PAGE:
This is not exactly a higher-ed matter but, as you will see, it is so similar to typical higher-ed “diversity” doublethink that I thought PBC readers would enjoy it.
In the Federal Register on Friday, the Department of Health and Human Services published a notice soliciting nominations to its “Technical Review Panel on the Medical Trustees Reports.” The notice states in part:
When selecting members for this Technical Review Panel, HHS will give close attention to equitable geographic distribution and to minority and female representation so long as the effectiveness of the Panel is not impaired. Appointments shall be made without discrimination on the basis of age, race, ethnicity, gender, sexual orientation, HIV status, disability, and cultural, religious, or socioeconomic status.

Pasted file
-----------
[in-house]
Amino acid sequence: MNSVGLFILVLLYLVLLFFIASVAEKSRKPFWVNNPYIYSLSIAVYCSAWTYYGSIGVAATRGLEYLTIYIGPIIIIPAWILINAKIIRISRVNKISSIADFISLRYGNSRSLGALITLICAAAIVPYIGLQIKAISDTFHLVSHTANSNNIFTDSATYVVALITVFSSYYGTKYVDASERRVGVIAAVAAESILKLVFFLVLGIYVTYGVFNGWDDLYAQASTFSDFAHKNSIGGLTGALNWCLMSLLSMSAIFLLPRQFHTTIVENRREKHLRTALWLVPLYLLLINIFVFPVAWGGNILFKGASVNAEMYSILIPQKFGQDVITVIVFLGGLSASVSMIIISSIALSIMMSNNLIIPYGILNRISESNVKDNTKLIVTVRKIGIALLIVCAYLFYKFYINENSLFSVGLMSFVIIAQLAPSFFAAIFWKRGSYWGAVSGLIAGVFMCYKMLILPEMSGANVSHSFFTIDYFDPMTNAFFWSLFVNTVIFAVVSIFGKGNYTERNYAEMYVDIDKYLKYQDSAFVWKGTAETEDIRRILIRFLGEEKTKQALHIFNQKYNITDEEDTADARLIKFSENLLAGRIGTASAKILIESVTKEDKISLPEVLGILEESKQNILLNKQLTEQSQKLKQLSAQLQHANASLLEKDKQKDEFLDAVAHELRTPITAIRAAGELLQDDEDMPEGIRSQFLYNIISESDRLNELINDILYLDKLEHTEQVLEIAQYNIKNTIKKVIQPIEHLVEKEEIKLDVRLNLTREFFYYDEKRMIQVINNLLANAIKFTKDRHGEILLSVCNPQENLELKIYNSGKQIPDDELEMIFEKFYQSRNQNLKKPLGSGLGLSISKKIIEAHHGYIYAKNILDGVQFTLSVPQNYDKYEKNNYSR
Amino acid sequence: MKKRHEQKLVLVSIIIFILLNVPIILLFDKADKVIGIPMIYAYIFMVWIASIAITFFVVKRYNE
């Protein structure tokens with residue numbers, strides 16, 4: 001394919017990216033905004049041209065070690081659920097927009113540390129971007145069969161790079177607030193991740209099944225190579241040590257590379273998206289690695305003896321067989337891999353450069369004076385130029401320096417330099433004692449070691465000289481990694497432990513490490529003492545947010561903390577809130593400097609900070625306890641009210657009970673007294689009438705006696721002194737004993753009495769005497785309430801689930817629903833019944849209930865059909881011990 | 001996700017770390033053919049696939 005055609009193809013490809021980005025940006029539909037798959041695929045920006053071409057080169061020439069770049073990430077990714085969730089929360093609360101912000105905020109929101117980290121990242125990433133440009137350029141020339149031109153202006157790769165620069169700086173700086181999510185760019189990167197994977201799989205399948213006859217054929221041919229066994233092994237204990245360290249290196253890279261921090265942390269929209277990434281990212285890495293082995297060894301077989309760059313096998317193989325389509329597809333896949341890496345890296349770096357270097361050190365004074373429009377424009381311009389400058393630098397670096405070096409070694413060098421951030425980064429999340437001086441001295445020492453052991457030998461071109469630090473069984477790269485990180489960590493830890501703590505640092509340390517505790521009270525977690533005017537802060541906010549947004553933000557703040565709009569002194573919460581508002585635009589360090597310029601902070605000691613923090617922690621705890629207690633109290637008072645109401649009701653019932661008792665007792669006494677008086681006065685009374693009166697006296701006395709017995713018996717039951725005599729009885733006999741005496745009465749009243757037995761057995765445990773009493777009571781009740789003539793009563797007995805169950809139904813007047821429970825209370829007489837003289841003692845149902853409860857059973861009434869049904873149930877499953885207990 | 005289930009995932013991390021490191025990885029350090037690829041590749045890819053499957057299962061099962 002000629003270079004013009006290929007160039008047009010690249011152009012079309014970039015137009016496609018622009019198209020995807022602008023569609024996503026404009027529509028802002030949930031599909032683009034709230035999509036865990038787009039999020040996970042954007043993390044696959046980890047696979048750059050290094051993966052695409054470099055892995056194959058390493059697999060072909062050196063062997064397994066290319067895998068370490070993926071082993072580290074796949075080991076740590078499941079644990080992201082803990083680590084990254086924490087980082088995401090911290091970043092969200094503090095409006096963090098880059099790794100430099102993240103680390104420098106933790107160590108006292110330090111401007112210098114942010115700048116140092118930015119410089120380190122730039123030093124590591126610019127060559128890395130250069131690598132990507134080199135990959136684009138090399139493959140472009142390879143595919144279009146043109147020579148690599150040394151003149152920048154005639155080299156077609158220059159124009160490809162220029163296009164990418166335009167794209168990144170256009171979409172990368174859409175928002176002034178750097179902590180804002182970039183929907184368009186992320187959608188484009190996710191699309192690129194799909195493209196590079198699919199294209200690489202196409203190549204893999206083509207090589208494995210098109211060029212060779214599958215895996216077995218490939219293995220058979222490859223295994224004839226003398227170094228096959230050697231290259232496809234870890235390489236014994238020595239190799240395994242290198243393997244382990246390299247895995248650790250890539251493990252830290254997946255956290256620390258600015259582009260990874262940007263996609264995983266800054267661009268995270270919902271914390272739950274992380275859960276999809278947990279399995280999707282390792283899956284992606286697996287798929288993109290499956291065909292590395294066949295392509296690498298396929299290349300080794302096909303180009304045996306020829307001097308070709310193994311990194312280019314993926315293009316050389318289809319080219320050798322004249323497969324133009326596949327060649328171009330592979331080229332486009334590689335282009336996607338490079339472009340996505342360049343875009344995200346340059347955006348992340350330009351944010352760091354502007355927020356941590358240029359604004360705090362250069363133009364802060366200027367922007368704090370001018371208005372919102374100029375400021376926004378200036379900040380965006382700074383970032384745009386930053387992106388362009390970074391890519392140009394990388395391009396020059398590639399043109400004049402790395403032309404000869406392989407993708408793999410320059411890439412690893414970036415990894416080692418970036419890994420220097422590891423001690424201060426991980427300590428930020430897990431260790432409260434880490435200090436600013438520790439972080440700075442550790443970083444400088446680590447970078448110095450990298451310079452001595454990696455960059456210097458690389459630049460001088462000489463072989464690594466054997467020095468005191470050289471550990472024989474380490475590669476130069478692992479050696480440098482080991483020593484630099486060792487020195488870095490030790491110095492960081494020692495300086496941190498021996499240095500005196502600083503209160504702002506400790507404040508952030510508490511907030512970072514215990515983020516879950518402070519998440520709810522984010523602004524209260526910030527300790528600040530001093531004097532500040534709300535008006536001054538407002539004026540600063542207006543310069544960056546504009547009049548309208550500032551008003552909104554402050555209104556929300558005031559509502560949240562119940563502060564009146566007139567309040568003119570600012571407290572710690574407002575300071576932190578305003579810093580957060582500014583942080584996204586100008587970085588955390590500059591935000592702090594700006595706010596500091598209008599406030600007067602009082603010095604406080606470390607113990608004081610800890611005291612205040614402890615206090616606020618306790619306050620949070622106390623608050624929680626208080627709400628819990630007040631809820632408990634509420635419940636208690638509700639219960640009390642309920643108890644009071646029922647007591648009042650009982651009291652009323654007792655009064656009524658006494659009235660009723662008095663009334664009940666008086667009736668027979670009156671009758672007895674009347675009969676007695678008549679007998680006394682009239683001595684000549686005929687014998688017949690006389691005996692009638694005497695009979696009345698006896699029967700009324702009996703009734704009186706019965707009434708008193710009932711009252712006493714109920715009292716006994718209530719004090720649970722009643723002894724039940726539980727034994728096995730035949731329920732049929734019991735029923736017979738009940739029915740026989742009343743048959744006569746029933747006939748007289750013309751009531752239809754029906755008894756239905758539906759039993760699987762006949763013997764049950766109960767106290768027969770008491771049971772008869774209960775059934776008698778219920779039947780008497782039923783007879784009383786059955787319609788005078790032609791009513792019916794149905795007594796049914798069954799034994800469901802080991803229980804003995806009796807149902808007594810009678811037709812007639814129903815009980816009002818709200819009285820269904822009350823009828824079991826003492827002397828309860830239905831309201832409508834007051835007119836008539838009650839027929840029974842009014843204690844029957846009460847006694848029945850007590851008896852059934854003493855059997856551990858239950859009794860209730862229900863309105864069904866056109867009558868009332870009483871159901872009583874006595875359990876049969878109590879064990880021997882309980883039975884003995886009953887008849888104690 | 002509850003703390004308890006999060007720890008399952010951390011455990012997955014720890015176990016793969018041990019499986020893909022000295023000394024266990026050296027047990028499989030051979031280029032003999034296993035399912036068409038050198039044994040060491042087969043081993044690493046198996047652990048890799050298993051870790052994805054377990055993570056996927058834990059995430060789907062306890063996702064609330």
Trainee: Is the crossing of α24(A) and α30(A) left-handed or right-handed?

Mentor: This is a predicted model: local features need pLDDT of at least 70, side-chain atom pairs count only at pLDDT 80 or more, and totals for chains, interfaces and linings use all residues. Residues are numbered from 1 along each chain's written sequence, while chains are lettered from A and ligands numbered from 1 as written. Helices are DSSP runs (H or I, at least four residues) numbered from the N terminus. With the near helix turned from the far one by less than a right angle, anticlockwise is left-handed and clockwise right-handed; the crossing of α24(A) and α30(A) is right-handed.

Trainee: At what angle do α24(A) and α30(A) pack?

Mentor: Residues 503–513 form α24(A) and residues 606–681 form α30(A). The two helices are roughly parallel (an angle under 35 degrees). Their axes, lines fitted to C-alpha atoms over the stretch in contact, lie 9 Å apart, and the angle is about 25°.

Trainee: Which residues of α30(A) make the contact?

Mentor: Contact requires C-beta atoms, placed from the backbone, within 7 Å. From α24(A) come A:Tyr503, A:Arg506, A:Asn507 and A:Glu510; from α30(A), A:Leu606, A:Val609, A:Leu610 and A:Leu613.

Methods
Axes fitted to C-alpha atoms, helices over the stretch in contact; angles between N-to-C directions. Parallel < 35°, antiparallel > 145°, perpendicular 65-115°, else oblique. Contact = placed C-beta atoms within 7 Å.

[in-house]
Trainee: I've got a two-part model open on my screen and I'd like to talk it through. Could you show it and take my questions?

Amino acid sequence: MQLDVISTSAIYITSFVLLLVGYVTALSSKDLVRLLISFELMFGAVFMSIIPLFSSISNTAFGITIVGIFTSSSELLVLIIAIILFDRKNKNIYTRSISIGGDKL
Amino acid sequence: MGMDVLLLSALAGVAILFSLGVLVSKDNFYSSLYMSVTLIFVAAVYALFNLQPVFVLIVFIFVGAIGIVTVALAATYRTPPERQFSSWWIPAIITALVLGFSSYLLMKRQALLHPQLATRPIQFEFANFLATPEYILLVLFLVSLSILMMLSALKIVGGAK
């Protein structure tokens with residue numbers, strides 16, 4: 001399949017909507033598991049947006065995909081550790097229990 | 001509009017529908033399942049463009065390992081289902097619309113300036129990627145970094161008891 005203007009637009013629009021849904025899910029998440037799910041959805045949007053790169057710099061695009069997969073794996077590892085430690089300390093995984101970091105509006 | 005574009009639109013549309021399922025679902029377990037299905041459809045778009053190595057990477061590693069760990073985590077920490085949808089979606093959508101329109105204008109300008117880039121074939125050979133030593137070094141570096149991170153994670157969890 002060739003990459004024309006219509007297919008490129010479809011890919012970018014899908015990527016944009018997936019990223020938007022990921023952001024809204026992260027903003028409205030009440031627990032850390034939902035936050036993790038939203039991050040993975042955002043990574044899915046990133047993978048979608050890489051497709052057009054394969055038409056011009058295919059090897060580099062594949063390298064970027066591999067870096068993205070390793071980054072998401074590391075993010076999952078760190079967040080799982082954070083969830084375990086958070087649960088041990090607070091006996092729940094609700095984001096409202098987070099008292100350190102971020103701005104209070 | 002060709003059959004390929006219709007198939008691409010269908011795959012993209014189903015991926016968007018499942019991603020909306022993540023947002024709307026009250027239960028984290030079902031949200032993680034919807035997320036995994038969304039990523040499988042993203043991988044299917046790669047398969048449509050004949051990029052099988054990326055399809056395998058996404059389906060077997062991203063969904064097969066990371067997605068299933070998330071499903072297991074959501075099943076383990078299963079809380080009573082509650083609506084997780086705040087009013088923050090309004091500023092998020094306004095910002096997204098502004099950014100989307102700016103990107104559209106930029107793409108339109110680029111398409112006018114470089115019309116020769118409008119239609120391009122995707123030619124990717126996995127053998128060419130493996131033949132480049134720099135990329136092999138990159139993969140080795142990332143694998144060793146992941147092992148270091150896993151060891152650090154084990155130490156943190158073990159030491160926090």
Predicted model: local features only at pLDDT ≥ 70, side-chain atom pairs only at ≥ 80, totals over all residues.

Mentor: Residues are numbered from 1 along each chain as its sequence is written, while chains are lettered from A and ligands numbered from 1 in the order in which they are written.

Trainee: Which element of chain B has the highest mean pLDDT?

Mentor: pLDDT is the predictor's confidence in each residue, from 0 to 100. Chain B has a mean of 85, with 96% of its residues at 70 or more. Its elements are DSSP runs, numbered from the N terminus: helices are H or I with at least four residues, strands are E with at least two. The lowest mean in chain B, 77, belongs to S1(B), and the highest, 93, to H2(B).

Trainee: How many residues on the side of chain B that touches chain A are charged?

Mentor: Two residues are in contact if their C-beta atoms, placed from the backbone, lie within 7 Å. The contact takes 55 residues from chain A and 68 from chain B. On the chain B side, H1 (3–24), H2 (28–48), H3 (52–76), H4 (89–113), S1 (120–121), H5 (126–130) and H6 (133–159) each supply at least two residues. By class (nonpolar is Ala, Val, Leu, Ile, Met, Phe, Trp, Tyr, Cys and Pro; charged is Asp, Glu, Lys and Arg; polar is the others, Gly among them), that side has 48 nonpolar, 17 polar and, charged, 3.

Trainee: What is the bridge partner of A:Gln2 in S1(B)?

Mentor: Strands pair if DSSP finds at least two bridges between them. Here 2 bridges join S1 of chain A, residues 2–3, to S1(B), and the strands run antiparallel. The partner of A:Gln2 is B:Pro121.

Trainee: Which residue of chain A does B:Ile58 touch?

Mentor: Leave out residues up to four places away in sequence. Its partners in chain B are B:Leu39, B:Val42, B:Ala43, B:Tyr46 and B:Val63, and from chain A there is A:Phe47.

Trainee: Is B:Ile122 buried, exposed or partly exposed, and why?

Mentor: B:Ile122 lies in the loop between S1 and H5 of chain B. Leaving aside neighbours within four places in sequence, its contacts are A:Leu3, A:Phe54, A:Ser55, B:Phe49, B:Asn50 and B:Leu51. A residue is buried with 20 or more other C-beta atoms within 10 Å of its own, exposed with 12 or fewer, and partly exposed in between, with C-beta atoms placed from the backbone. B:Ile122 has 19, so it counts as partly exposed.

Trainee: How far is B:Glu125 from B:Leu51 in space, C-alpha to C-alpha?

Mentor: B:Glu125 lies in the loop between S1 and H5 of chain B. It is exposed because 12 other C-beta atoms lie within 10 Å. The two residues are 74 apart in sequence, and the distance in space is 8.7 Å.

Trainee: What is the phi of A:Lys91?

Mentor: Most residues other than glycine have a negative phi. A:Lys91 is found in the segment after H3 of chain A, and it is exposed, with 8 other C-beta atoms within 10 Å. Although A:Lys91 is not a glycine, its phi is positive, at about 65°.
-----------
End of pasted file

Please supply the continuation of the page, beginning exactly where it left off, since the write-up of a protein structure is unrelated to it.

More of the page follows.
Two points. First, of course, there is the obvious — though common in, especially, higher-ed job notices — contradiction in juxtapositioning a declaration that there will be “close attention to equitable . . . minority and female representation” with the promise that there will be no “discrimination on the basis of . . . race, ethnicity, [or] gender.” But second, don’t you just love the commitment to appointing plenty of women and minorities — “so long as the effectiveness of the Panel is not impaired”? I’m sure that the good folks at HHS would admonish us that it is racist and sexist to object that their striving for some politically correct level of “diversity” will inevitably encourage a lowering of standards, but apparently they themselves don’t really believe that.